Lou Piniella might be the perfect manager for Milton Bradley to play for.  Piniella is a veteran, highly respected manager who certainly can appreciate a fiery side of a player, especially one of Milton Bradley’s reputation and pedigree.  Piniella will know exactly how to give Bradley slack and when to reign him in.  This could be the season that Bradley puts it all together with yet another huge breakout season.

Cubs GM Jim Hendry has taken a huge and potentially risky step in signing Bradley to a lucrative deal.  Remember, Hendry had to clear payroll by trading Cubs fan favorite and quite possibly, the 2008 Cubs team MVP Mark DeRosa as well as let closer Kerry Wood walk to the Indians in order to make the Bradley deal fit into the financial structure of the team.  All this will be a distant memory if Bradley is able to have a monster full season of successful baseball, with an added new maturity level with no volatile incidents, bring a more balanced lineup for the Cubs, and be a player on what hopes to be a World Series title.

Then again, Milton Bradley could be the undoing of all that is good in Cubdom — whichever way the winds of fate blows,  2009 will be an interesting, eagerly anticipated baseball season on the North Side.

Posted in Chicago Cubs | Tagged: , , , , , , , , , , , , , , , , , , , , , | 1 Comment »

Something Special In The Air In Chicago

Posted by sportsmaven on September 30, 2008

It almost didn’t happen.  Two series ago, the Chicago White Sox were left for dead.  They went into Minnesota to play the badly limping Twins, armed with a 2.5 game lead and left down by .5 game with 3 to play.  At least they were home and playing a Cleveland Indians team that was playing out the string in a disappointing season.  The Twins were doing their part, losing the first two games of their final series against an all of a sudden very tough Kansas City Royals team, but the Sox kept throwing the generosity back, losing their first two games as well.  Then, the first break came.  Indians LHP Cliff Lee, the probable AL Cy Young Award winner and 22-game winner was shut down due to a stiff neck.  The next break came in the form of a clutch outing by LHP Mark Buehrle on Sunday to extend the season.  The third break was facing RHP Freddy Garcia (who so happens to be married to Sox manager Ozzie Guillen’s wife’s niece) and the Detroit Tigers at home.  The break after that was Garcia pulled from the game in the 6th inning after shutting down the Sox, only to be followed by 2B Alexi Ramirez’ grand slam to win the game for the Sox.  The biggest break of them all?  Hosting a one game playoff for the AL Central Division title at home against Minnesota.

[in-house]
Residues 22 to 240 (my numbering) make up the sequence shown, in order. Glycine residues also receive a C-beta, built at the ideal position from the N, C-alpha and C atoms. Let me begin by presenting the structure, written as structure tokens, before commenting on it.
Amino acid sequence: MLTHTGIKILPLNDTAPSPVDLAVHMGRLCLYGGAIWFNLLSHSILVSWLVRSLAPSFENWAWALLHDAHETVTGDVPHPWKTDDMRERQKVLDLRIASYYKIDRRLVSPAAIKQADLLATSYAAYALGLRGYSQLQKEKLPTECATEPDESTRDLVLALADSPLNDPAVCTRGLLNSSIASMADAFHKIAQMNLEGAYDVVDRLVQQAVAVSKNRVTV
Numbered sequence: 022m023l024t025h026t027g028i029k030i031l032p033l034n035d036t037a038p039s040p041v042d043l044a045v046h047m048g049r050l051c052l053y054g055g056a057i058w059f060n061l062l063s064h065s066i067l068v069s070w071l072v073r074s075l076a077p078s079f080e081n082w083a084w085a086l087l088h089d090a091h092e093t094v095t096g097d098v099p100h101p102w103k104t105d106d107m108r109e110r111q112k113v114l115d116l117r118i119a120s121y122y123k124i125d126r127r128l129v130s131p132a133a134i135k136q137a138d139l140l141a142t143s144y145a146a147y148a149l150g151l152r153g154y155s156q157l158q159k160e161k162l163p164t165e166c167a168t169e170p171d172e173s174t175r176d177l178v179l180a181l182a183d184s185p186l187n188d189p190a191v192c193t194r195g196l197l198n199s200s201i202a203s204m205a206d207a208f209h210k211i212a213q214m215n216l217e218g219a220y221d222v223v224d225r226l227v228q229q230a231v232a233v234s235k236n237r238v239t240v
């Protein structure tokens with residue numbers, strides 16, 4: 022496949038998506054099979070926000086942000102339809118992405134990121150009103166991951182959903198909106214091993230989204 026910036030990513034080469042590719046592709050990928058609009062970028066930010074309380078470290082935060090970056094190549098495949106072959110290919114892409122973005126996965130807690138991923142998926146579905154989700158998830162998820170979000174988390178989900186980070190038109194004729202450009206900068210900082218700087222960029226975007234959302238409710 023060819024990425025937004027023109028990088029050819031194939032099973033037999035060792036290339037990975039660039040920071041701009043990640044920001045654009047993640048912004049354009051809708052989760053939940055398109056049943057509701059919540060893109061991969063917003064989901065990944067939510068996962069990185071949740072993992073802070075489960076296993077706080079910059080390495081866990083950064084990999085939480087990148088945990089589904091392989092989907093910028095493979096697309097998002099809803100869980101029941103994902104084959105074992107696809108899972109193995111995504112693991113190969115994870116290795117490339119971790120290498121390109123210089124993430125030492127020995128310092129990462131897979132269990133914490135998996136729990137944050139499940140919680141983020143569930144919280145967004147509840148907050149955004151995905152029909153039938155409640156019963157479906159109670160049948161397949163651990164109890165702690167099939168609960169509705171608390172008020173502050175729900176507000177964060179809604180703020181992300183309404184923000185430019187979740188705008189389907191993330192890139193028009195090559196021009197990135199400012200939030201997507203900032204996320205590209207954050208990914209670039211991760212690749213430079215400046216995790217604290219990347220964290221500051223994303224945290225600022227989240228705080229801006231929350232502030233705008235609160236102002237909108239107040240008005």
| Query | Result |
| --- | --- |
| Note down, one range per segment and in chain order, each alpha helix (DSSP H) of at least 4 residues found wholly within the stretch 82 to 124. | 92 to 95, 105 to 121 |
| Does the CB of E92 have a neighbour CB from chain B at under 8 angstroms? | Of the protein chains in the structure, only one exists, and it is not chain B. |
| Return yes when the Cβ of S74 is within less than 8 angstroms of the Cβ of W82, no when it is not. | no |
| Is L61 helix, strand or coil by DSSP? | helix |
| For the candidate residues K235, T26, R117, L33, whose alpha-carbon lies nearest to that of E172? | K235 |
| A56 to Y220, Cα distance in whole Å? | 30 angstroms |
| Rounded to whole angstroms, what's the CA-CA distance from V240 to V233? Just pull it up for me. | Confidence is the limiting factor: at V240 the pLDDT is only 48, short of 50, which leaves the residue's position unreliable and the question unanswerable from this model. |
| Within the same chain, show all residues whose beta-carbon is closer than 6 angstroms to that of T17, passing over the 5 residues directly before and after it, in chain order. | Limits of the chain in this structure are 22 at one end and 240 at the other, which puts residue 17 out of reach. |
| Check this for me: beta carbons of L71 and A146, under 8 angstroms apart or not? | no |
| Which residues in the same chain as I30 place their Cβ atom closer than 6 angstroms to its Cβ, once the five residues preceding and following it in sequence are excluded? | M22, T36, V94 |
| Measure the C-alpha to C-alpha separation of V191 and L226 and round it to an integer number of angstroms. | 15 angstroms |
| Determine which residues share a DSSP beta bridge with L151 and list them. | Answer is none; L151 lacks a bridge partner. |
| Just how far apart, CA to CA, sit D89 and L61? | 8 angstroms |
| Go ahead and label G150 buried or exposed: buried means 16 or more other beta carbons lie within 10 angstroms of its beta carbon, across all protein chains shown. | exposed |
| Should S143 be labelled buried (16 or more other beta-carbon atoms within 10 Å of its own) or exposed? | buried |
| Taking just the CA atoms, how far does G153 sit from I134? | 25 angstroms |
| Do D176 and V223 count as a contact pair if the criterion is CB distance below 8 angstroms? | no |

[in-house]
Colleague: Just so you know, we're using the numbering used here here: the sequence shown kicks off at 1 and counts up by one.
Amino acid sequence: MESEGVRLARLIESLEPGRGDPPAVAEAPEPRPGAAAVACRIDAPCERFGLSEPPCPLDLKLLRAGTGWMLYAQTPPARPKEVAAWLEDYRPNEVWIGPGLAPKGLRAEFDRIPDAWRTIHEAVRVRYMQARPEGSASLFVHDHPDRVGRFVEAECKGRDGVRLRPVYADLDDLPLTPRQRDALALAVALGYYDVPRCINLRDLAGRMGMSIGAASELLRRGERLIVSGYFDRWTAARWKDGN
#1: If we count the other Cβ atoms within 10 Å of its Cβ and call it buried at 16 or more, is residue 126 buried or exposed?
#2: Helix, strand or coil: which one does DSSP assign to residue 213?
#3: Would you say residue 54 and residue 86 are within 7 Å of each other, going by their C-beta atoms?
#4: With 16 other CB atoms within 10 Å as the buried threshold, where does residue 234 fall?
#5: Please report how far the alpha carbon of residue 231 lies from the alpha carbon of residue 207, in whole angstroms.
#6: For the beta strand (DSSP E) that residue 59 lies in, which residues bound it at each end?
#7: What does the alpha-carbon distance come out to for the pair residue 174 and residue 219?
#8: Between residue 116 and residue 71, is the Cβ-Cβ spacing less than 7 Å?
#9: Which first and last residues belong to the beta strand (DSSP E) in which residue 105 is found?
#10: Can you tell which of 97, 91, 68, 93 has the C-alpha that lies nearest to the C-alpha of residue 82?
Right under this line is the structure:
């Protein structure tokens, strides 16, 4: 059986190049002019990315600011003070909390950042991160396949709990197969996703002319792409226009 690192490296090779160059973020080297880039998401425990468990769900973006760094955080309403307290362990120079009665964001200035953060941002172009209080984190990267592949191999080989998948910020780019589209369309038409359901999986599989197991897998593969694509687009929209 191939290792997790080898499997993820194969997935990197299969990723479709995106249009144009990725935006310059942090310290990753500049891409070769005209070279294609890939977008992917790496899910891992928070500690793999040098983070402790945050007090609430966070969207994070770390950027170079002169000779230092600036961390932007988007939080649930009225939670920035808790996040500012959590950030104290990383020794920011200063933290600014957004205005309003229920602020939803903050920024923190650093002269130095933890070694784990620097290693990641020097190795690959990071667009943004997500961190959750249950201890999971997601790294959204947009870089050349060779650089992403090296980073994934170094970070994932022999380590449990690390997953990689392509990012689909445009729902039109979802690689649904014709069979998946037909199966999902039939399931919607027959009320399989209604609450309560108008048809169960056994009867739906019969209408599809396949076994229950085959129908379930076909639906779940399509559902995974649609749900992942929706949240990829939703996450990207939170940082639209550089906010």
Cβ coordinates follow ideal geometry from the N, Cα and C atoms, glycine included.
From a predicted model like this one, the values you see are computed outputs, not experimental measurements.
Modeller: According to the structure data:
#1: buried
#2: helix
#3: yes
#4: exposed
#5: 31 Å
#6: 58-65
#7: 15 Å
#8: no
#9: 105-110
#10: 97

(AP Photo/Paul Beaty)

(AP Photo/Paul Beaty)

The local Chicago media has been focused on a dual Cubs/Sox playoff presence for most of the baseball season.  Both teams were in 1st place in their respective divisions for most of the season.  TBS made a huge mention of this fact tonight on their television broadcast, as well as the fact that it has been 102 years since both the Cubs and the Sox made the post-season in the same year.  Nobody else mentioned the fact that in the same city theme, the Los Angeles Angels of Anaheim and the Los Angeles Dodgers also made the playoffs this season.  Little coverage, little play anywhere for that story.  Since 1901, the White Sox have made the post-season 10 times, in 2008, 2005, 2000, 1993, 1983, 1959, 1919, 1917, 1906, and 1901.  In the same timeframe, the Cubs have made the post-season 16 times, in 2008, 2007, 2003, 1998, 1989, 1984, 1945, 1938, 1935, 1932, 1929, 1918, 1910, 1908, 1907, and 1906.  The last time both the Cubs and Sox make the playoffs in the same year?  That’s right, 1906.  In contrast, the San Francisco Giants and Oakland A’s have made the playoffs in the same season 5 times since 1968.  The New York Yankees and New York Mets have shared post seasons three times since 1969 and the Dodgers and Angels have done it twice since 1961.

There have been 17 intracity World Series matchups in baseball history.  The Yankees and Mets played each other in the 2000 World Series, dubbed the Subway Series.  In 1989, the A’s swept the Giants in the Bay Series, marred by a devestating earthquake.   Then it’s the Yankees vs. Brooklyn Dodgers in 1956 and 1955, 1953, 1952, 1949, 1947, and 1941.  In the middle, the St. Louis Cardinals vs. St. Louis Browns in 1944.  Before that, it’s the Yankees again vs. New York Giants in 1951, 1937, 1936, 1923, 1922, and 1921.  Chicago Cubs vs. the Chicago White Sox?  Once, in 1906.

I don’t know if this will be the year for the Chicago match up for the ages, but something special is in the air in the Chicago baseball world in 2008.  Lets hope that it’s not another century before this happens again.

Posted in Chicago Cubs, Chicago White Sox | Tagged: , , , , , , , , , , , , , , , , , , , , | 3 Comments »